Melt more butter and crack eggs directly on the griddle. Cook sunny-side up or as desired. Remove to baking sheet and cover, careful not to break the yolk. Grill shrimp on the griddle until pink, turning once. Remove to baking sheet. Spoon pimento cheese directly on the griddle and move around with a spatula until bubbly, adding a drizzle of milk to reach a gravy-like consistency. Transfer to a heat-resistant bowl.

Assemble by placing a corn cake on each dish, top with two slices of ham, a slice of grilled green tomato and an egg. Drizzle with pimento cheese sauce, then crown with three shrimp. Sprinkle with a little more shrimp boil seasoning before serving. Wash down with a Bloody Mary.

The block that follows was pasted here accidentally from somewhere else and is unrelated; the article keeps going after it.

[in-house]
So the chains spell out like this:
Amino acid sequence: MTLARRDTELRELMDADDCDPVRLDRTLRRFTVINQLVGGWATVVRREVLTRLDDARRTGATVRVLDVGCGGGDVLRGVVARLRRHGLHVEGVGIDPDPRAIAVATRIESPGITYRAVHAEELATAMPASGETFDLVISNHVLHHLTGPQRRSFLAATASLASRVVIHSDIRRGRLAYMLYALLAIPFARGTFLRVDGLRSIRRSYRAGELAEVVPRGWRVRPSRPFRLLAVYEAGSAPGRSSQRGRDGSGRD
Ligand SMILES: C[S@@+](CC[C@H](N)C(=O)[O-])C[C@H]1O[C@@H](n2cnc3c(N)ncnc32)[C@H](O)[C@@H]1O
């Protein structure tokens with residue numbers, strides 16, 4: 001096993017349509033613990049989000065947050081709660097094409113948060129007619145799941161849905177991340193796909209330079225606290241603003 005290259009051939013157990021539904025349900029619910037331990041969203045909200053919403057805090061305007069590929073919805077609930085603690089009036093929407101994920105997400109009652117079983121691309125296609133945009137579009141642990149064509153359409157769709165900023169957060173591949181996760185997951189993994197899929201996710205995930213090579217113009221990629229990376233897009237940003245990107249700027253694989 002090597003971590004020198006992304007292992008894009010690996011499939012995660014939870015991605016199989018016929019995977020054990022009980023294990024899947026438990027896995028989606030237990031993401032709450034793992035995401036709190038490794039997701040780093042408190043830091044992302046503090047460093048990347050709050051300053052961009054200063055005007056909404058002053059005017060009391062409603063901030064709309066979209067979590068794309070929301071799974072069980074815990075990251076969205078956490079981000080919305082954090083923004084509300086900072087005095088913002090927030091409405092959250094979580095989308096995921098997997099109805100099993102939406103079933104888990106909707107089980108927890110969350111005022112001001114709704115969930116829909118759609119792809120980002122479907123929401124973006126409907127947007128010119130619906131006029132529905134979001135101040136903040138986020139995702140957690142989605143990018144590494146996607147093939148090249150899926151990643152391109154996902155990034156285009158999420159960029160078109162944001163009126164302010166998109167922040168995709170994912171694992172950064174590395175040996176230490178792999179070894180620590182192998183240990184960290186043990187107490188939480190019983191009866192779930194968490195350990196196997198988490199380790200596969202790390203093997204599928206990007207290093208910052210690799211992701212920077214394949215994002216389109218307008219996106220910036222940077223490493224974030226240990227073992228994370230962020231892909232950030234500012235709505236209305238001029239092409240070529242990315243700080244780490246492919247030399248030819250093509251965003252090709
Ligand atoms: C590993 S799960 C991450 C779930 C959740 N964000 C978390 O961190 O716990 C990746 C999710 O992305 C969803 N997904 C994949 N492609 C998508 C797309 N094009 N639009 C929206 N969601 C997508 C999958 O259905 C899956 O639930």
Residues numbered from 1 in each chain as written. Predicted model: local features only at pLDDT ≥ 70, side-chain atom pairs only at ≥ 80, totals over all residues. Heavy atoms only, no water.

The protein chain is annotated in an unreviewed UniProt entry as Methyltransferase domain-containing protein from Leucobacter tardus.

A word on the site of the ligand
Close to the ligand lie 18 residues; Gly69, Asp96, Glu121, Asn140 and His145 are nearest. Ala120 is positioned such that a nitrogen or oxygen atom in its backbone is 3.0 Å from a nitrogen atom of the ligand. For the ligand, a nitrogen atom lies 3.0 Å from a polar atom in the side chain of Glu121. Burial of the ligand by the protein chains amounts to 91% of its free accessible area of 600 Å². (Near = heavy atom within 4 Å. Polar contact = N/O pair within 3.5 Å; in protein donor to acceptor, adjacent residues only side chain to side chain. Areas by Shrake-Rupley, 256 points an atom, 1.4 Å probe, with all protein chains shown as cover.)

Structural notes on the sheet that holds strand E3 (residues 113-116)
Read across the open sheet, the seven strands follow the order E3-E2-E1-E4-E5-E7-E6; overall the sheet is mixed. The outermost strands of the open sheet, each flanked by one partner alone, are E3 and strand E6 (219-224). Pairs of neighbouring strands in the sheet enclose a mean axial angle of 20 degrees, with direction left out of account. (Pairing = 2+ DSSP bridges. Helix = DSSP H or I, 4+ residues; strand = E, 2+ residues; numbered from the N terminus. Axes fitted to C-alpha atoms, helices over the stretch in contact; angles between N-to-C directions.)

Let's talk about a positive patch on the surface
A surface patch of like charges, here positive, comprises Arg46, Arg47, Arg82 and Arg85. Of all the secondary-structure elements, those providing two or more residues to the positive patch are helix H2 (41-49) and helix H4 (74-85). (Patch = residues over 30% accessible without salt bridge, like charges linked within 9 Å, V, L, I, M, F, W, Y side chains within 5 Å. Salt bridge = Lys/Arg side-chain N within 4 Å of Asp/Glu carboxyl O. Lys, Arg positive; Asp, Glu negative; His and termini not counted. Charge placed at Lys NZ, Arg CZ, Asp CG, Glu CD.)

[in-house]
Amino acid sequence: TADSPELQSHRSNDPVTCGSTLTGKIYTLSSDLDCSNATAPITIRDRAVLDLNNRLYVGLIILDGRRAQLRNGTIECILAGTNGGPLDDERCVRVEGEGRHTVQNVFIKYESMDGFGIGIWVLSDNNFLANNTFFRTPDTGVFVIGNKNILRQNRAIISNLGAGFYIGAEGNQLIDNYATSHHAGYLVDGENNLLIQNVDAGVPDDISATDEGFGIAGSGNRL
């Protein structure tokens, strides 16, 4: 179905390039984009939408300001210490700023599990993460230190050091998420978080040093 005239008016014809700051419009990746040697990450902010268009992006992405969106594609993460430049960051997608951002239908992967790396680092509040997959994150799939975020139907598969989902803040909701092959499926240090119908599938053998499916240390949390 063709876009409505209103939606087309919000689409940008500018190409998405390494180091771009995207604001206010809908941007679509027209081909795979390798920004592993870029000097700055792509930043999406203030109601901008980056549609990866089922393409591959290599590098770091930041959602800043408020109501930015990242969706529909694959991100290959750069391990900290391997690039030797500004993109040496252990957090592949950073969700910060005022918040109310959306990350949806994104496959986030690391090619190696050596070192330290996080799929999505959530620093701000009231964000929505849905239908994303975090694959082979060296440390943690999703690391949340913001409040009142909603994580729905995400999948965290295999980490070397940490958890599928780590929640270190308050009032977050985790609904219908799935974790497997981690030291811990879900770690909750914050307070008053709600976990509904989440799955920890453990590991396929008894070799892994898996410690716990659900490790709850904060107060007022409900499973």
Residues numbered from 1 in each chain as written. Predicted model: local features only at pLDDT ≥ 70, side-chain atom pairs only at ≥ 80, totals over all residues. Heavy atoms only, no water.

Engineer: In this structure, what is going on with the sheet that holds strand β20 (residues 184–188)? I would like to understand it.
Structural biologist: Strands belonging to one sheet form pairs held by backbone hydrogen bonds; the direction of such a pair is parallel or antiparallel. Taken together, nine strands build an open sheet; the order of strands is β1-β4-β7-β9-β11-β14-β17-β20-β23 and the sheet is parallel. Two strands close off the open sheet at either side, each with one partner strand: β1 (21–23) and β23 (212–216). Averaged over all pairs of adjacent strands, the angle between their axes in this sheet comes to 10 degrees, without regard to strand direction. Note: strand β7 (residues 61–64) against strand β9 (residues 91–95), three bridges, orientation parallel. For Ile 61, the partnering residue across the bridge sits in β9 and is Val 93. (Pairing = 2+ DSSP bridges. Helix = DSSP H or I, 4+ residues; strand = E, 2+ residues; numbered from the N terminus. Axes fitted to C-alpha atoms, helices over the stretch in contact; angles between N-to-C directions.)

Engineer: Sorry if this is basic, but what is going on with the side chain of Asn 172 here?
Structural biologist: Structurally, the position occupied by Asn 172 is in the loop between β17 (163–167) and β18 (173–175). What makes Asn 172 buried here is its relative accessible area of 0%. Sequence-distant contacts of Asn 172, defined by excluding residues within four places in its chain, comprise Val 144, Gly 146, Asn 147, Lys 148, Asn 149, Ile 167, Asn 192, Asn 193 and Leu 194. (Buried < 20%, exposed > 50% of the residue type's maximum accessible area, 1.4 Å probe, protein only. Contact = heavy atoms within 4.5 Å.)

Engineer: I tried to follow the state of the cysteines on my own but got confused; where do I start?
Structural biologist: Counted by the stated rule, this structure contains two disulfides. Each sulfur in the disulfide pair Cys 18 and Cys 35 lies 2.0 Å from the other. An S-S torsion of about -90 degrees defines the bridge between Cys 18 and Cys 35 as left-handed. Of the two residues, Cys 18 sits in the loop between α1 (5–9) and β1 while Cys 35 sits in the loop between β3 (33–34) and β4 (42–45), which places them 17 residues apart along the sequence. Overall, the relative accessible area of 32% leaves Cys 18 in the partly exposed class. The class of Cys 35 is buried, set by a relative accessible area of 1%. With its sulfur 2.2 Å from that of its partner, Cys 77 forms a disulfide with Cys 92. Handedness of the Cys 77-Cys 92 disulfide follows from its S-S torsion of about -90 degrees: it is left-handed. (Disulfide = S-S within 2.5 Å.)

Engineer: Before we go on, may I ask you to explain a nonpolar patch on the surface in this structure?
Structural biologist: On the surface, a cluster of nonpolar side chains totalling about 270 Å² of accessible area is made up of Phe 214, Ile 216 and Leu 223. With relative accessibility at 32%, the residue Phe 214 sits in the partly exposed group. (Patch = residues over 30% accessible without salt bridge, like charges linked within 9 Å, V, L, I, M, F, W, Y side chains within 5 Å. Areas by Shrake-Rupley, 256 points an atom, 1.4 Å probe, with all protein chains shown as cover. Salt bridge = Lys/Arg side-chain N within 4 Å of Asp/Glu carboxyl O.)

Campfire Tomato Pie

Tomato pie is a South Carolina classic that showcases our favorite summer fruit. While homemade pie crust is traditional, canned biscuits work admirably for this outdoorsy interpretation. The kids will love pressing the biscuit dough to form the crust. Side step the cheese grating and mixing by using a tub of your favorite pimento cheese spread for your topping. A Dutch oven lined with parchment paper is a perfect "pie plate" and makes for easy clean up.


1 can of biscuit dough, "grand" size

1 onion, sliced

1 tablespoon of butter

5 to 6 basil leaves, chopped or torn

3 to 4 ripe tomatoes, sliced and drained on paper towels

2 cups of pimento cheese spread